|Classified:||(G.D.Rowley, 1956) P.V.Heath, 1997|
|Propagation:||From cutting, seed|
|Adult size:||Vines up to a meter|
|Watering:||Let the soil dry completely before watering|
|Fertilization:||Monthly during active growth|
|Soil:||Extremely well drained|
|Toxicity:||Slightly toxic to humans and animals|
|See more Curio|
String of tears, Senecio citriformis, Kleinia citriformis
Curio citriformis is a succulent in the Asteraceae family. They are adapted to long periods of drought and can make excellent, low effort houseplants. It is native to South Africa.
Curio is derived from the Latin "curiosus", meaning "curious".
Senecio comes from the Latin - 'old man'. This name, used by Pliny, is in reference the plant becoming grey and hairy when fruiting.
Citriformis means 'citrus-like' and refers to the lemon shaped leaves.
C. citriformis has small light blue-green tear-drop shaped leaves that creep along the ground. In the home these vines tend to cascade over the edge of the container they are in, giving them the nickname 'string of tears'..
C. citriformis has small yellow flowers with a sweet and spicy cinnamon scent.
C. citriformis wants high light. As much direct light as possible should be provided, a south or west facing window (in the northern hemisphere) would be ideal. When placing this plant in direct sunlight it should be slowly acclimated over a few days to avoid the risk of leaves scorching or yellowing.
Use an extremely well draining soil mix (see succulent soil) and water thoroughly, allowing excess to drain. Do not allow the plant to sit in water. Allow the soil to dry through completely before watering again.
Moving the plant from a low-light indoor aspect to a bright, south facing window or outside in direct sun will lead to leaves bleaching and scorching. When moving the plant outdoors, choose a spot in shade or that gets dappled or screened sunlight. Let the plant slowly acclimate to being outdoors and never move the plant into direct sun without slowly building up a tolerance first. Some direct morning or evening sun is fine but hot midday light will scorch the leaves without acclimatisation.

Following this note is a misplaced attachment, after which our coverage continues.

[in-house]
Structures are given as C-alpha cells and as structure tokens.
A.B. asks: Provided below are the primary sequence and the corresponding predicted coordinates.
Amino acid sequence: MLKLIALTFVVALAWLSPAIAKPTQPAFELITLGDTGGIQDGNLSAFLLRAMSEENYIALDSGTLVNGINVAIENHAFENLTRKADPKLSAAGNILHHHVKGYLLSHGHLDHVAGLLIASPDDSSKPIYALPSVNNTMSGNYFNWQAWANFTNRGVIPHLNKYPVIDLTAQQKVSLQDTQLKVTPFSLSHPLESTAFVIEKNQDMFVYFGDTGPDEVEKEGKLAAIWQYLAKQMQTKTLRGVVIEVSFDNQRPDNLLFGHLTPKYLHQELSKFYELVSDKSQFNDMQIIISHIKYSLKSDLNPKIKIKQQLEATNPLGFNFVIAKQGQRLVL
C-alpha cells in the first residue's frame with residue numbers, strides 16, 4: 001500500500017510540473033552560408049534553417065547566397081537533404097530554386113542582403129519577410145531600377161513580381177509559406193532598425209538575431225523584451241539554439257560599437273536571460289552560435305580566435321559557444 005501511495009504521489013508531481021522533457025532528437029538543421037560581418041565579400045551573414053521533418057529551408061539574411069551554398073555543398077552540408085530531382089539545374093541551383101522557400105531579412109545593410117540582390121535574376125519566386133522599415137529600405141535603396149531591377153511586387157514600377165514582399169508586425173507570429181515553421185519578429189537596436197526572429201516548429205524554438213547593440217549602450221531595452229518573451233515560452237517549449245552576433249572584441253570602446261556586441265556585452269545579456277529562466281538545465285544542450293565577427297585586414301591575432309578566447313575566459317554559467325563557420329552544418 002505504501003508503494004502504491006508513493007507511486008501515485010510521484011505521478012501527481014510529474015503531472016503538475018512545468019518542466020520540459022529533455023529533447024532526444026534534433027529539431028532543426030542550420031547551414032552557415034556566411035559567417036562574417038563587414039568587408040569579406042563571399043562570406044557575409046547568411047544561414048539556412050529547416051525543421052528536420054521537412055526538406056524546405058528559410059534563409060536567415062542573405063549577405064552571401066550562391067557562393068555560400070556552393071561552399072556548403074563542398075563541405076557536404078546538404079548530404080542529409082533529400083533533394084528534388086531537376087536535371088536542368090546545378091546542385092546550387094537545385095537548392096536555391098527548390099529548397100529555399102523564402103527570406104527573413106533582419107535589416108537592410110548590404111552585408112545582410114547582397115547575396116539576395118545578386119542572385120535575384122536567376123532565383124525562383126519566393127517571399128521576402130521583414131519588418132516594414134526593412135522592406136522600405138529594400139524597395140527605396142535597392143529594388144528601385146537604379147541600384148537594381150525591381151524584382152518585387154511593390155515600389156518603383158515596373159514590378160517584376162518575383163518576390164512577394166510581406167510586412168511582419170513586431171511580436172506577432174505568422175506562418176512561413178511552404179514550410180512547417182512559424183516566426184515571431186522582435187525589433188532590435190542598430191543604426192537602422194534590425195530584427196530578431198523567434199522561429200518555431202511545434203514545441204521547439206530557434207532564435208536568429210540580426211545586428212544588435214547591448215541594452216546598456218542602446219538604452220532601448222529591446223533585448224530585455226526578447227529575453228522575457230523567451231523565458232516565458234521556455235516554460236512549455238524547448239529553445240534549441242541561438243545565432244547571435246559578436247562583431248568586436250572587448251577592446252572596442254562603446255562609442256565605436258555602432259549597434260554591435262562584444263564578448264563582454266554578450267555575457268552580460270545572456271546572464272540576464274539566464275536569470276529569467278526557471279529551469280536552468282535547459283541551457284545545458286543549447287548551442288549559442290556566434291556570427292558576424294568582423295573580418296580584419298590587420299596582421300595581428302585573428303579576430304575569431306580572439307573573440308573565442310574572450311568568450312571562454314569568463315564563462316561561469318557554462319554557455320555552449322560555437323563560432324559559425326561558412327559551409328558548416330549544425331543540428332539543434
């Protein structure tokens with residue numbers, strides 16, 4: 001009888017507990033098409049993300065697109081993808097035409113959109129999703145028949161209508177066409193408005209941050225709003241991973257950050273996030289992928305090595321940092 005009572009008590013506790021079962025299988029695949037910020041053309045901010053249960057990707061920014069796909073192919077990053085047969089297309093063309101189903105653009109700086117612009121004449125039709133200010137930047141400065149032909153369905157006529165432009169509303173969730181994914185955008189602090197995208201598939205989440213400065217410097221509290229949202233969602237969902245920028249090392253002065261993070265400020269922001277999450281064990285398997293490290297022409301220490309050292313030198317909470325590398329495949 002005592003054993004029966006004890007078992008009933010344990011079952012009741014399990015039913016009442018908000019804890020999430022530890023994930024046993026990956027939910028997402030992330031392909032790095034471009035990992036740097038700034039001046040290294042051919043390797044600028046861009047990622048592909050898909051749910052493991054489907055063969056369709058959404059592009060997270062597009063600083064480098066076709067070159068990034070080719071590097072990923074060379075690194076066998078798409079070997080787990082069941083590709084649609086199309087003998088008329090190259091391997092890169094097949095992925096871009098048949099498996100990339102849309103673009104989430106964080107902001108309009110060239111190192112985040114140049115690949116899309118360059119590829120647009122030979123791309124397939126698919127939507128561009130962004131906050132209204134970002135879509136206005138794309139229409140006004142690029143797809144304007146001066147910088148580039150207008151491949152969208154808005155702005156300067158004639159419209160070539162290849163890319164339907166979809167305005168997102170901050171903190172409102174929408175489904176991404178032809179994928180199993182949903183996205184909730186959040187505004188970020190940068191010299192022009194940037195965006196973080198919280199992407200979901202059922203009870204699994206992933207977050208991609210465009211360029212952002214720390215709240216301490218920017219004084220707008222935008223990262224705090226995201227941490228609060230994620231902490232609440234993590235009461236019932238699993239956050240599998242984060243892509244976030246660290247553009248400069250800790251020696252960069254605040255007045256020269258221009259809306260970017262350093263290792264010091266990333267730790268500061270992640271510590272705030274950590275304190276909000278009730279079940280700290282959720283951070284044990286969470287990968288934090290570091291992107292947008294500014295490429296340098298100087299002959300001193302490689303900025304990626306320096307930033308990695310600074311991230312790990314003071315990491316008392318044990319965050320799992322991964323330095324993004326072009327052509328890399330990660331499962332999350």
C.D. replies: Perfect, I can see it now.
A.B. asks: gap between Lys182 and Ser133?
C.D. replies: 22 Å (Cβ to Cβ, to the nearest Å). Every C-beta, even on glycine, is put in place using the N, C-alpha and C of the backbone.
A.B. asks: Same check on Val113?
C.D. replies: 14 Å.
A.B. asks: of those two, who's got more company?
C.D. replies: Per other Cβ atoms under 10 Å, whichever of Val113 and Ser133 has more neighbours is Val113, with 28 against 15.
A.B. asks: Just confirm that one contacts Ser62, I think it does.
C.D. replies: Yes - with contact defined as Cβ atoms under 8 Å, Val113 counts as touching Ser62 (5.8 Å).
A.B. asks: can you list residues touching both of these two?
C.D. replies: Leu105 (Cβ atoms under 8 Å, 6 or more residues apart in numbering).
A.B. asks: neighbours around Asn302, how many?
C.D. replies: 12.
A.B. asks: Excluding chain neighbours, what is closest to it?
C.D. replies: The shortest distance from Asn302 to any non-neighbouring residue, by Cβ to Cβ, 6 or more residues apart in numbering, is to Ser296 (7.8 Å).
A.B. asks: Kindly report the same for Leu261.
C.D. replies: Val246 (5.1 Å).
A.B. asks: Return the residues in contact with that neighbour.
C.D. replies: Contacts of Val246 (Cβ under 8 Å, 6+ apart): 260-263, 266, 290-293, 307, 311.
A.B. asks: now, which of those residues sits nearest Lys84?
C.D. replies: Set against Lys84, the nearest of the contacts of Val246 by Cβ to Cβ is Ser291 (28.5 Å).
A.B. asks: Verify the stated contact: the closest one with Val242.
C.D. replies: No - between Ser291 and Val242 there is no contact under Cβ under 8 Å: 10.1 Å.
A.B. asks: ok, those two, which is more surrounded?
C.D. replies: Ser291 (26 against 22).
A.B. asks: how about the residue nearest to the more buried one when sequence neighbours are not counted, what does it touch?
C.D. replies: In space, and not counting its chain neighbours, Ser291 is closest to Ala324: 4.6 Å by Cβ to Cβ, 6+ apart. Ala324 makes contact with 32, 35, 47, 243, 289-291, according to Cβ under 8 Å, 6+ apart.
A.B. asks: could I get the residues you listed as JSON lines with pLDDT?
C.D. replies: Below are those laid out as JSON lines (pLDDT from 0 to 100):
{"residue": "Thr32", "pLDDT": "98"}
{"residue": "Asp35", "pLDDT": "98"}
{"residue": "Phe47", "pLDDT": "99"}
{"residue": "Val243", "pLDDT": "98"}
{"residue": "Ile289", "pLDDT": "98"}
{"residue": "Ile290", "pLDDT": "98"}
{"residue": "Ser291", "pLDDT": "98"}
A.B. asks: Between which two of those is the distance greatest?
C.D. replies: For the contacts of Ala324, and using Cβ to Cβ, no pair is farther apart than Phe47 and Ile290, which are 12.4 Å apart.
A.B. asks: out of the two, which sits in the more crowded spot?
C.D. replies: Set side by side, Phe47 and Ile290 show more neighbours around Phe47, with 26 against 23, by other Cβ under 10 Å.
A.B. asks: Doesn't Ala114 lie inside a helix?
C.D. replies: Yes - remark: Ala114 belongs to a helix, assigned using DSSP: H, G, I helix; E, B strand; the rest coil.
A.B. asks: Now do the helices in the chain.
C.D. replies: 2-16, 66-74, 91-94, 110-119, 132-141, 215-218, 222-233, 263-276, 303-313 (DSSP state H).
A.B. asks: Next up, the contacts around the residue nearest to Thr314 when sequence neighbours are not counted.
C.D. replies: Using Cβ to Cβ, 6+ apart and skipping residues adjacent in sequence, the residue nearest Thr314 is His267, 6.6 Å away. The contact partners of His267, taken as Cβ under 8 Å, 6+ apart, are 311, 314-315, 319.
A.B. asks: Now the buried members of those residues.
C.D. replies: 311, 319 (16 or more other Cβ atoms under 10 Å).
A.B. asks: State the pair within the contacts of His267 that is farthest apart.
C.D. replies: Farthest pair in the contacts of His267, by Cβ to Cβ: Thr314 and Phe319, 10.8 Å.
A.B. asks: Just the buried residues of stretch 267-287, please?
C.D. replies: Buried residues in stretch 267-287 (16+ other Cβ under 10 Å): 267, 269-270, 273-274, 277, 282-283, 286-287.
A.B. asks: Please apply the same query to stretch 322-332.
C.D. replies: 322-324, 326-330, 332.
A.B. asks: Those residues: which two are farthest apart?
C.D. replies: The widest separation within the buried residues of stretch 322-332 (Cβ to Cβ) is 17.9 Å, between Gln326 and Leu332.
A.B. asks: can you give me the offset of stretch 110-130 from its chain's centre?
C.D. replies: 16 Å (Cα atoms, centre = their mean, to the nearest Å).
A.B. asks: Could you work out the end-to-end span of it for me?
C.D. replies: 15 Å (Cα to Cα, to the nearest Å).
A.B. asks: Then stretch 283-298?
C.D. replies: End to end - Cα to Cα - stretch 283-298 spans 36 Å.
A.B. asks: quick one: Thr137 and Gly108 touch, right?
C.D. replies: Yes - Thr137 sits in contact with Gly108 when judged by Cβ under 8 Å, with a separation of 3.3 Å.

Succulent plants can experience a slow decline and death in the home. You are giving the plant lots of direct light and watering only when the soil is completely dry and yet the plant is still slowly dying. This is almost always because the soil and substrate the plant is in is too moisture retentive. The soil used by growers is often peaty and retains too much moisture, or becomes extremely difficult to rehydrate once it has dried through. This means your plant experiences extreme drought followed by long periods of being waterlogged.
Repot your plant using an extremely well draining succulent soil, stripping away as much of the existing substrate as possible. With a soil that is mostly inorganic minerals you can get away with watering your plant frequently, and knowing the substrate will be dry within a day or two. You should see an almost immediate change in your plants condition within a week or two.
Exposure to the right temperatures can be the difference between a thriving plant and a plant that looks ugly and unhealthy. C. citriformis will survive temperatures down to 5°C / 41°F. Daytime temperatures between 15°C and 26°C (60°F and 80°F), and night temperatures between 12°C and 21°C (55°F and 70°F) are ideal for healthy growth.